Apparently Lo’s warning seemed ridiculous at the time, yet in hindsight various hedge funds collapsed at the start of the crisis “and the fact that Bear Stearns and Lehman Brothers both experienced their first wave of losses through their hedge funds, it wasn’t too far off the mark.”
Hedge funds are described by Lo as the ‘Galapagos Islands of finance’, being a novel species of finance that exploit market anomolies which are highly vulnerable to changing environments. According to Lo, increased complexity combined with tighter coupling and a new spawn of financial gigantism increased the odds of a catastrophic meltdown.
Lo also takes the opportunity to challenge the narratives we share to explain the financial crisis. For example, one common theme is that the financial crisis was the result of the unscrupulous practices of financial elites. Although there is much truth to this story, Lo argues many determinants of the crisis were systemic and were not caused by ethical lapses. However, this claim is contested by leaders in the field.
Finance Behaving Badly
Not only does Adaptive Markets cover the basics of evolutionary psychology, it also makes reference to the cultural evolution. Lo makes clear that culture, a domain which is frequently deemed beyond the realm of biology, is itself the product of evolution. That is, subject to the processes of variation, selection and replication. A core argument in Adaptive Markets is that an evolutionary perspective of culture can help us identity and prevent financial scandals.
Long before the days Gordon Gekko became a cultural icon, social psychologists have studied what leads ordinary people to behave like monsters. The infamous Milgram and Zimbardo Stanford prison experiments were conducted during the 1960s and 1970s respectively, and demonstrated in shocking and graphic detail how blind obedience to authority can lead ordinary people to commit atrocities.
Lo notes how little people were paid to participate in these experiments, and yet still were complicit in such unthinkable acts. Milgram paid his participants roughly today’s equivalent of $36, where Zimbardo paid his subjects roughly $90 in today’s money.
Imagine a situation in which you were instructed to engage in questionable financial practices- actions that aren’t nearly as gut-wrenching as delivering electrical shocks- by a managing director or vice president in a suit and tie, and you’re given tremendous financial incentives, like a multi-million dollar year-end bonus, to do so. In light of the Lucifer Effect, it’s not hard to understand how context and culture can lead to even caring and ethical individuals to do reprehensible things to unsuspecting clients. This is the Gekko Effect.
One possible critique of Adaptive Markets is that it emphases the importance of the environment, yet it does not adequately address the environmental forces shaping financial institutions. However, Lo’s reflections on regulation and corporate fraud is a clear exception.
Although the data is confined to the United States and the time series is rather small (especially when considering evolutionary time-scales), Lo provides evidence that financial scandals and scams are cyclical. That is, historically financial scandals have increased as stock markets rose, and declined once market conditions deteriorated.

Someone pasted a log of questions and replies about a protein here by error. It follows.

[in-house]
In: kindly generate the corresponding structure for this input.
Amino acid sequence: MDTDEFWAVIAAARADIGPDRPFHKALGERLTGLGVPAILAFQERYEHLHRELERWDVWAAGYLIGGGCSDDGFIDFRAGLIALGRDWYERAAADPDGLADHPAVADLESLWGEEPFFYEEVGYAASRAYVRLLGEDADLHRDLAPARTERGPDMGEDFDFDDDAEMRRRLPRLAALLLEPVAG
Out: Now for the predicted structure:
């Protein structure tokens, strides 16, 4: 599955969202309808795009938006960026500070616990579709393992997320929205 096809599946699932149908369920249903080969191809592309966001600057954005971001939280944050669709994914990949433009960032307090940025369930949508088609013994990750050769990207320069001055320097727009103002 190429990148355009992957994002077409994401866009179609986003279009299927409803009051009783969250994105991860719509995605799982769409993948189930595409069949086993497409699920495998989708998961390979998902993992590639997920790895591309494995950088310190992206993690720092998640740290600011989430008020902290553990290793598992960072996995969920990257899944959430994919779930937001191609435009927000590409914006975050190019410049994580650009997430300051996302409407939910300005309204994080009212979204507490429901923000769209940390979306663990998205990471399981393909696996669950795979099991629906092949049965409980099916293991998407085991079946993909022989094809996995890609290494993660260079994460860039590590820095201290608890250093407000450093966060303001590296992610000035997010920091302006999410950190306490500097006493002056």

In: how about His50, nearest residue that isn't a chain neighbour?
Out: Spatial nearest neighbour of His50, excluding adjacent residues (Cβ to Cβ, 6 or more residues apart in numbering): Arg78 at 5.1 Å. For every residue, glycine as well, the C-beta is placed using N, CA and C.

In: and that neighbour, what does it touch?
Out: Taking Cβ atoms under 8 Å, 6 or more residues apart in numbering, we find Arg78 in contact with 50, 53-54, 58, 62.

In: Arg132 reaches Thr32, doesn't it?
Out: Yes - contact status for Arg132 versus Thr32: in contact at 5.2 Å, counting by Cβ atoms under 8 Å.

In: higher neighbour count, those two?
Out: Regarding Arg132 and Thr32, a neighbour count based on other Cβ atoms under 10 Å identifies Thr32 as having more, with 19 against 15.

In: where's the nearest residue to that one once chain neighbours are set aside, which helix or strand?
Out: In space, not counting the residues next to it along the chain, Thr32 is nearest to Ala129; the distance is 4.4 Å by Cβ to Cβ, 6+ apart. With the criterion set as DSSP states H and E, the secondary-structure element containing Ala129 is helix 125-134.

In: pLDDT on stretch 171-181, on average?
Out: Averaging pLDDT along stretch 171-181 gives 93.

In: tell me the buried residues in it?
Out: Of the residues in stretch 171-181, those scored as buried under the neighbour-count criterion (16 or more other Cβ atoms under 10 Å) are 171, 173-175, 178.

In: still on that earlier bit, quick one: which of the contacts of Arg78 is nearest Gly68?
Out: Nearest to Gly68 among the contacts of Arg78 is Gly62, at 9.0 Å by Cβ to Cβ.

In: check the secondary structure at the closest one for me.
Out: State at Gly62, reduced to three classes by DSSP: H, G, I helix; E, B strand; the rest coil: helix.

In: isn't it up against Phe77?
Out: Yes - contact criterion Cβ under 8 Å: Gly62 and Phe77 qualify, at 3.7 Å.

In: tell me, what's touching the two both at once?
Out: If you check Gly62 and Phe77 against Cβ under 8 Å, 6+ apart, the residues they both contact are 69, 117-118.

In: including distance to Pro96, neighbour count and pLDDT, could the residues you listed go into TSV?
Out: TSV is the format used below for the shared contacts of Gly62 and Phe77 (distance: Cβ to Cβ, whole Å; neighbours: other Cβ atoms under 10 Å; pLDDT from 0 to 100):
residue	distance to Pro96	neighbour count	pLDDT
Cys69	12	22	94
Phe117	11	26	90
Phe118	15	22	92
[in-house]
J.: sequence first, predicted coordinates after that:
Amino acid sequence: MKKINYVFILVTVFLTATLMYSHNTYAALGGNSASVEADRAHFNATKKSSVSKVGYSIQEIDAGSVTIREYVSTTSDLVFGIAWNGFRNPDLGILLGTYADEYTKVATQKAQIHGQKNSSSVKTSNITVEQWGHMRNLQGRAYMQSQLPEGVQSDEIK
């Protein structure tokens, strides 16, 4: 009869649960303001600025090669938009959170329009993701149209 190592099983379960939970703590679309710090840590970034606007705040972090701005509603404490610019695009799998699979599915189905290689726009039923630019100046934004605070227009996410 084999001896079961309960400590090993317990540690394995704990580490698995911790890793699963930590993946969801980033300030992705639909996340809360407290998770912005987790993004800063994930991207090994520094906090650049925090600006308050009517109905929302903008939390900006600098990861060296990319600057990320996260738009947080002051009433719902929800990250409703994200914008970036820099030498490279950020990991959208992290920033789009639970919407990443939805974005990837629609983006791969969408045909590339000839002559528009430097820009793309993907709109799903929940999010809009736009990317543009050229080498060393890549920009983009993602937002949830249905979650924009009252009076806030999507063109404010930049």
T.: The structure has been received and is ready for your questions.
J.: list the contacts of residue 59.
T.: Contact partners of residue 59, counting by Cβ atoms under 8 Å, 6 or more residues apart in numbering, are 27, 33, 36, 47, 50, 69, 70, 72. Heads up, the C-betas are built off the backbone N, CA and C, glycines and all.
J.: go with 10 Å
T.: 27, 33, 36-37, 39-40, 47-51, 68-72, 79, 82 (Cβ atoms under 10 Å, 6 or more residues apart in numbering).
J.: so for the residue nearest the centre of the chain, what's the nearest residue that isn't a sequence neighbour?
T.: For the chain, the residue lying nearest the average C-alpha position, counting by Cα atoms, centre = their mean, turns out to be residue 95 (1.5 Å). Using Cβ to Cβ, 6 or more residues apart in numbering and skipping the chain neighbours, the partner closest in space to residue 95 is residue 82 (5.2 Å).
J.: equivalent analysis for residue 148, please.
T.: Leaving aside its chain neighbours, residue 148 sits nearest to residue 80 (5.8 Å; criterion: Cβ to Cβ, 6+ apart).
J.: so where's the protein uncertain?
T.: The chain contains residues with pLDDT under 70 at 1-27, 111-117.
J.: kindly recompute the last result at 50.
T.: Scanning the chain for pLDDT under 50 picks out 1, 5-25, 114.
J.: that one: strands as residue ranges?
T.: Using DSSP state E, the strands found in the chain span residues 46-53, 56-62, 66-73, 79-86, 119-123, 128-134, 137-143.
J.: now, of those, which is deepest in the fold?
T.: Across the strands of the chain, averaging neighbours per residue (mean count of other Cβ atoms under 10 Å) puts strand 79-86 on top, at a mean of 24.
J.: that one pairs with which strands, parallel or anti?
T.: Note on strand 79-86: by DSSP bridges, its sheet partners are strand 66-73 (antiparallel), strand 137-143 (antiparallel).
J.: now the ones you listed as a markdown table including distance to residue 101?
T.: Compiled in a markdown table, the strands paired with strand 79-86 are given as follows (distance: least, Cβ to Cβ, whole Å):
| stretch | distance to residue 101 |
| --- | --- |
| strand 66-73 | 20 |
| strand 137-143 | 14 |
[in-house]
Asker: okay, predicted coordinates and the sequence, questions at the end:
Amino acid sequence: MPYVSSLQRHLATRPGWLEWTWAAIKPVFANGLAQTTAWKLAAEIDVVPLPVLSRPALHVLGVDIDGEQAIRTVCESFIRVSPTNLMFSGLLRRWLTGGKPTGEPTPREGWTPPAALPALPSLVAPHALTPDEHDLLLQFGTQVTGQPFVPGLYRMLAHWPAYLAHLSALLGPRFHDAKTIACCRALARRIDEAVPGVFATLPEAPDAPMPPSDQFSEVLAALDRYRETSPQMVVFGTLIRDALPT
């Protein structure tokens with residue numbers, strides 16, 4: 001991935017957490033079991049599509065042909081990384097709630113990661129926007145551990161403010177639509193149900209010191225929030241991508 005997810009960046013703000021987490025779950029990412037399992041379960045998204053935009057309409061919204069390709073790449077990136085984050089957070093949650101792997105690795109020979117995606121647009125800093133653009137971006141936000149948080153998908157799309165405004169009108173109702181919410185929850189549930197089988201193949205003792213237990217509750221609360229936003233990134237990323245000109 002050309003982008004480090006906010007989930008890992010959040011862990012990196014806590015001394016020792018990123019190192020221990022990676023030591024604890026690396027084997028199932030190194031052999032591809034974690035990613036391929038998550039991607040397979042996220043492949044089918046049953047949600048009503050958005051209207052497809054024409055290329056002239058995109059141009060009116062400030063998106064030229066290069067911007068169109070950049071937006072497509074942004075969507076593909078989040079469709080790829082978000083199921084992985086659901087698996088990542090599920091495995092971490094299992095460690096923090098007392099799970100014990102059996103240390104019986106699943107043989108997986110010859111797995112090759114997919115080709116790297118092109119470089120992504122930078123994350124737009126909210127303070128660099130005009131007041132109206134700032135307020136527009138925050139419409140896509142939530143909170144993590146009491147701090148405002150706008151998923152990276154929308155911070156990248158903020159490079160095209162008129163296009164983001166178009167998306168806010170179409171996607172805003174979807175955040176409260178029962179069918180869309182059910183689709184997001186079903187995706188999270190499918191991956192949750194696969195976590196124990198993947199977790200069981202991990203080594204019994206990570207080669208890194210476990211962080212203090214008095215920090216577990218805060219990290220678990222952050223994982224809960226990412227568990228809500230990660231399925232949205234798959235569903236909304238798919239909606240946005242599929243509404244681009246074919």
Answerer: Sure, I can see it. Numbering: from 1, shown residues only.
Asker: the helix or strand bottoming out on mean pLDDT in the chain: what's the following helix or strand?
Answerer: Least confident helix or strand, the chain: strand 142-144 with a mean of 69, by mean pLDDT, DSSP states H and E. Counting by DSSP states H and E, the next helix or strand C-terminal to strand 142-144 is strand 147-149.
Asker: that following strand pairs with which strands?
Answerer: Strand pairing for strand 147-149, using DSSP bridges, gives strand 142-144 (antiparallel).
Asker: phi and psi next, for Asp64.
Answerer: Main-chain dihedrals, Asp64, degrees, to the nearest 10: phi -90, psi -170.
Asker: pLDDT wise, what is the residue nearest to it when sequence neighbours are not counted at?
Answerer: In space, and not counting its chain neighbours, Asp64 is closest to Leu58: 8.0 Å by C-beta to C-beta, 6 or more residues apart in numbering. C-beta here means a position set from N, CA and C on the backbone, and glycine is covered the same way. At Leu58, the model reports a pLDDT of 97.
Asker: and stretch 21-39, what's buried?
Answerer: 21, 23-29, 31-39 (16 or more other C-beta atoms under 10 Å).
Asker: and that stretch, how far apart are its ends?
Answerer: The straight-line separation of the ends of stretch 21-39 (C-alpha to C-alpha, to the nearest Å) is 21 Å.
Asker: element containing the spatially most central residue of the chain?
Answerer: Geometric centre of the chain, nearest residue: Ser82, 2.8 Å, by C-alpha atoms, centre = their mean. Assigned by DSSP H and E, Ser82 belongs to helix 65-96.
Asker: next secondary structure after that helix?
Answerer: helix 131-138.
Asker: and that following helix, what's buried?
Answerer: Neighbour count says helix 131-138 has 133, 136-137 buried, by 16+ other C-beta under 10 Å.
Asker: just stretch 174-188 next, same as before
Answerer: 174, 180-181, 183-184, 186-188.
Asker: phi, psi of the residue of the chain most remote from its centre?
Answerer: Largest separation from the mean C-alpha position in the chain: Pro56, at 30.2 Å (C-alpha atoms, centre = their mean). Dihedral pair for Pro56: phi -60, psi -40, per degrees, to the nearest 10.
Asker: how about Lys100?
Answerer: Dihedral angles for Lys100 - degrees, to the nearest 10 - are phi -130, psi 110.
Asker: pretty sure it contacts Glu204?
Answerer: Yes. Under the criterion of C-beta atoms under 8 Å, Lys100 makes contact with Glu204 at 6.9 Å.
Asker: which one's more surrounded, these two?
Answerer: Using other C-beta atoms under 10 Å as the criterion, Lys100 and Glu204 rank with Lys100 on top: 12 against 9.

These findings may seem counter-intuitive. However, the researchers investigating ponzi schemes make it clear that such large-scale fraud is harder to sustain during deteriorating market conditions, as was the case with Madoff. Lo also notes that regulatory budgets increase after financial bubbles burst.
Lo states the unravelling of Madoff also revealed the biases and blind spots of financial regulators. Although social scientists have much to learn about the behaviour of auditors and financial regulators in the lead up to such scandals, Lo argues loss aversion may help explain why regulators don’t react quicker to signs of disturbance. That is, being more concerned about being wrong and causing a public scandal than investigating cases of potential large-scale fraud.
Lo argues that if we wish to change financial culture and tackle corporate malfeasance, we first have to understand the broader contextual and environmental forces that have shaped such cultures over time and across circumstances.
As a professional working in the field, I’ve observed increasing activity to monitor aspects of organisational culture within the banking industry. However, I believe we’re only beginning to grapple with this challenge, and that various issues need to be addressed. To elaborate, what do we mean exactly when we refer to ‘culture’, how do we measure it, and which aspects of culture can actually be changed and should be prioritised?
Lo provides some excellent advise here, and demonstrates the importance of framing.
The first step requires a subtle but important shift in our language. Instead of seeking to “change culture”, which seems naive and hopelessly ambitious, suppose our objective is toengage in “behavioural risk management” instead… Despite the fact we’re referring to essentially the same goal, the latter phrase is more concrete, feasible, and- this is important- unassailable from a corporate board’s perspective.
To conclude, a core theme of Adaptive Markets is that the financial system is more similar to an ecosystem of living organisms than a machine, and that we must manage the system accordingly. This is a very different perspective compared to traditional approaches of financial regulation, however Lo notes the list of prominent economists who have reached similar conclusions.